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   Vol. 15  No. 57
Thursday July 28, 2016

India To Top Of The Heap By 2022

India To Top Of The Heap By 2022

Minister for Civil Aviation Ashok Gajapathi Raju at a press meet in New Delhi. The Minister of State for Culture (Independent Charge), Tourism (Independent Charge) and Civil Aviation, Dr. Mahesh Sharma (on Minister Raju’s left); Secretary, Ministry of Civil Aviation, R. N. Choubey (extreme left); and Director General of Civil Aviation M. Sathiyavathy (extreme right) are also in the picture.

     India’s much-awaited Civil Aviation Policy was recently approved by the Cabinet and made public.
     Announcing the policy, which took almost two years to formulate, Civil Aviation Minister Ashok Gajapathi Raju pointed out that India’s aviation sector is poised to become the world’s third largest by 2022.
     The policy states that providing safe, secure, affordable, and sustainable air travel for passengers and air transportation of cargo with access to various parts of India and the world would be the government’s mission. Minister Raju has often emphasized the importance of air cargo and the aviation policy specifically looks at that.

First, The Passengers

      In an interview with a business daily a few days before the release of the policy, the minister pointed out that in India, aviation was centered on passengers.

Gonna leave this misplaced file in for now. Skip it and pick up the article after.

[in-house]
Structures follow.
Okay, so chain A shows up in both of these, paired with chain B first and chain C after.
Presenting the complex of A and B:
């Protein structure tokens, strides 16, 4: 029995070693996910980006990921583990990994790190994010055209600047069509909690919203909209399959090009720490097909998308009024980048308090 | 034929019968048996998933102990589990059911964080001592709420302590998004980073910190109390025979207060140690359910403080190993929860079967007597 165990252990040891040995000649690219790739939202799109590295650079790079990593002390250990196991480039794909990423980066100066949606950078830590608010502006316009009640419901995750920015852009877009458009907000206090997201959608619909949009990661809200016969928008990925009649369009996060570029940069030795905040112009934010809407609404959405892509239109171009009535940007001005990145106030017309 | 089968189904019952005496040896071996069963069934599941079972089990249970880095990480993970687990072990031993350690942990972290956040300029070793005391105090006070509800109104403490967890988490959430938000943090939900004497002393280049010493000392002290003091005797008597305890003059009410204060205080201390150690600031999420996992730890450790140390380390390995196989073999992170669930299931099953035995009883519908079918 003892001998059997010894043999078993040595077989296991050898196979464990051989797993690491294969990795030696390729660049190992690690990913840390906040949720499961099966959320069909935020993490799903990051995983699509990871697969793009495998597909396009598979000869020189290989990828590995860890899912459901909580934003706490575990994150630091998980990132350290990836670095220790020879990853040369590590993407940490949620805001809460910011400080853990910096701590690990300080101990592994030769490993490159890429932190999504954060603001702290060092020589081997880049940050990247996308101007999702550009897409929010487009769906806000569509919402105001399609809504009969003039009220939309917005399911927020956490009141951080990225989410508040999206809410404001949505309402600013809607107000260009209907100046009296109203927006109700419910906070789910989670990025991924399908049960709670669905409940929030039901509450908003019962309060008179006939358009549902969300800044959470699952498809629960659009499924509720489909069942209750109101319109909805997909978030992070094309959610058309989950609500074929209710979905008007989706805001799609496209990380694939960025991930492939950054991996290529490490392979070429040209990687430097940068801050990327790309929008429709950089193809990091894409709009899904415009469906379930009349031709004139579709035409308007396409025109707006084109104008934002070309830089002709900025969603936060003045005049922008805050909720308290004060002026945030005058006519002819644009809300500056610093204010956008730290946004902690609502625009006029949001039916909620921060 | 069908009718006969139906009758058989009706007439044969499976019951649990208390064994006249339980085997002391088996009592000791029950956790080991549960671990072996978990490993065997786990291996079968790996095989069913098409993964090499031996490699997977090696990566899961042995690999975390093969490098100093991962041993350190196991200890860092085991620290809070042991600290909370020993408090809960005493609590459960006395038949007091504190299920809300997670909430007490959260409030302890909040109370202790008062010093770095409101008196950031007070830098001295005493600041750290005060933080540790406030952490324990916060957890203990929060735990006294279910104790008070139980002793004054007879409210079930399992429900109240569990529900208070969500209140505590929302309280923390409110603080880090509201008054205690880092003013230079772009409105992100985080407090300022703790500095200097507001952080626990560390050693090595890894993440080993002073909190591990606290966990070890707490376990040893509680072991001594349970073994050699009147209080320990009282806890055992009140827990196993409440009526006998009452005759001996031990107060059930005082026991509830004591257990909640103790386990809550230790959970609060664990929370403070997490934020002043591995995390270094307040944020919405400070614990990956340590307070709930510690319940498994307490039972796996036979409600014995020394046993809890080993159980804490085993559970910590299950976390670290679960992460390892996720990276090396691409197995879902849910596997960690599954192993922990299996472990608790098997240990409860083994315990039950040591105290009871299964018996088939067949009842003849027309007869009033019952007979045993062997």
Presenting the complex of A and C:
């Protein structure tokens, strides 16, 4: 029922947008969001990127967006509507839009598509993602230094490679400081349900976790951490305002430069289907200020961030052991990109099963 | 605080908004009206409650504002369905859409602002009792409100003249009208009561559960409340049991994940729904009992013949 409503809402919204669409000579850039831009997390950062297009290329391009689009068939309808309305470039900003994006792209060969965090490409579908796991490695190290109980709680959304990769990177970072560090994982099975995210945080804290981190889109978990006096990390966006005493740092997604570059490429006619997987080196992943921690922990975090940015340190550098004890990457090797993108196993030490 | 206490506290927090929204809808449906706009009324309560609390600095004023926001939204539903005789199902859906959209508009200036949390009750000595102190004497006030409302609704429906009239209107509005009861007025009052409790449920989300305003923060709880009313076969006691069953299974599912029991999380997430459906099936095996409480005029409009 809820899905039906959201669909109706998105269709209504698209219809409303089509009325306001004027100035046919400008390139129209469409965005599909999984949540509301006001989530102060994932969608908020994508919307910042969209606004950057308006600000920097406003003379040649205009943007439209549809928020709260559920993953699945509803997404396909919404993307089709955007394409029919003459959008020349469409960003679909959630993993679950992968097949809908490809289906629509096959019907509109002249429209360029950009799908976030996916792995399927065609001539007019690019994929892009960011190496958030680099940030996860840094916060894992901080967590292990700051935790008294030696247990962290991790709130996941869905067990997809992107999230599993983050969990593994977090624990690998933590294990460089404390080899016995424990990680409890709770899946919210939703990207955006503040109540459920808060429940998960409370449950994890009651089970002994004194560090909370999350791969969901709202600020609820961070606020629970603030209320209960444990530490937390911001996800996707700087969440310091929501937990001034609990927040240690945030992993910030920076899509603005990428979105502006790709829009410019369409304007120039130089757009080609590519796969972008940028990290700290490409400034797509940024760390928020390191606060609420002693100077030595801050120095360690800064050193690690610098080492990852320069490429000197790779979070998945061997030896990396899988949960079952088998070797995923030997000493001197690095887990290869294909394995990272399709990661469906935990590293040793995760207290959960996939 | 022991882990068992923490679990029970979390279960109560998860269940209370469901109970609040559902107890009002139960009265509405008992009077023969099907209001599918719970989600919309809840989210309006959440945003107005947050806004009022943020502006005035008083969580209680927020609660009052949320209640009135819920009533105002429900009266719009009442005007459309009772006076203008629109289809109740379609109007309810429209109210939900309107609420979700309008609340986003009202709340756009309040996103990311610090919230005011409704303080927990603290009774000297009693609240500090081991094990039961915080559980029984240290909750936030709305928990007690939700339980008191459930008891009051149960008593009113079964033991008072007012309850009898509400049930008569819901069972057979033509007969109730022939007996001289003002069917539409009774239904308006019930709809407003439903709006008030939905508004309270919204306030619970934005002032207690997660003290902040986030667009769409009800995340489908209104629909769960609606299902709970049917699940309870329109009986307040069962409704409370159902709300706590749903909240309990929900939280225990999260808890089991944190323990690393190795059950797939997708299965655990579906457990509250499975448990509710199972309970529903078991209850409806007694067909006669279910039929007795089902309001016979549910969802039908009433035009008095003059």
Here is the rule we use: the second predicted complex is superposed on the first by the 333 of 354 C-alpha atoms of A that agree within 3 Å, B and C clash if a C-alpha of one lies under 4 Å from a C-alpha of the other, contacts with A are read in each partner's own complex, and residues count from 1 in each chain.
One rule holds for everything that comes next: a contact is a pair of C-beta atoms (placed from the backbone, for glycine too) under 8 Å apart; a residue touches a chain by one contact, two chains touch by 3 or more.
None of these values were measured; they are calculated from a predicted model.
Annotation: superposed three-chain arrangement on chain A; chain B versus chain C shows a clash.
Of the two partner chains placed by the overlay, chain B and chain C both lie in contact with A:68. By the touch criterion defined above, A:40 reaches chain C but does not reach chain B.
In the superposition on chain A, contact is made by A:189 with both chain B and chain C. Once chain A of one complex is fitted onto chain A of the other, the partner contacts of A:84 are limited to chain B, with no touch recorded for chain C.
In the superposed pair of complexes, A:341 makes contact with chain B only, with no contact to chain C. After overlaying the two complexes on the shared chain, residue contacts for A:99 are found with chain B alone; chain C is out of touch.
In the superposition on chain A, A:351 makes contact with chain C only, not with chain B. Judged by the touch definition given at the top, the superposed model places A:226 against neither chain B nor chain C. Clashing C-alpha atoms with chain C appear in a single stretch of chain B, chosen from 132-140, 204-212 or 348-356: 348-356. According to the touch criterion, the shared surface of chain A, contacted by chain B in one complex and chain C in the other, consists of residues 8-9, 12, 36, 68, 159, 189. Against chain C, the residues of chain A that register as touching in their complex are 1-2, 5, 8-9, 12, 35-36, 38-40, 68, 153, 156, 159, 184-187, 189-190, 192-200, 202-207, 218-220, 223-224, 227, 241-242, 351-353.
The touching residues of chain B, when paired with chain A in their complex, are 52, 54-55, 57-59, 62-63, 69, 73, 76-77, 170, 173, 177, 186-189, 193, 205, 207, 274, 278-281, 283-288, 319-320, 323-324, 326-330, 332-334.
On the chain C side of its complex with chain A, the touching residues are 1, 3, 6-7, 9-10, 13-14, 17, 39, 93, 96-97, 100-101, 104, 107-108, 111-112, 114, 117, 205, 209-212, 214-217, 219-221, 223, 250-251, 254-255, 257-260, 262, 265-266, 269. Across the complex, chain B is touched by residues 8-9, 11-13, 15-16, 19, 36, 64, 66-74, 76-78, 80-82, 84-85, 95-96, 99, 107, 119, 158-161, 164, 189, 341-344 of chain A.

“For some odd reasons in India, aircraft are passenger-centric, running like a bus.
     “But the largest airline in the world is a cargo airline.
     “Here, we only have two cargo airlines.” India had a good domestic cargo market, he said, “and with e-commerce volumes going up, there was need for more dedicated cargo carriers.”

Hell With Dwell

      “Ultimately, transport should not become a bottleneck for economic activity.
     “This is what we are trying to achieve,” he said.
     “Cargo,” he underlined, “has a tremendous potential.
     “Right now, there is very little cargo going in the belly of aircraft and being exported out of the country.
     “The problem is that India’s dwell time is not very good.
     “So, (our) strategy is to bring down this dwell time.
     “We have to work together in the government and try to see that this dwell time goes down,” the minister said.

Opening Up The Skies

      One of the major policy decisions is whether to grant permission to domestic carriers to fly abroad, doing away with the earlier 5/20 rule (carriers had to complete five years of flying domestic routes and also have 20 aircraft in their fleet).
     Now, Indian carriers can fly abroad if they have 20 aircraft or 20 percent of their capacity, whichever is higher.
Amber Dubey     Another decision that has been hailed by experts is one that allows foreign airlines to join hands with overseas investors to set up a fully foreign-owned airline.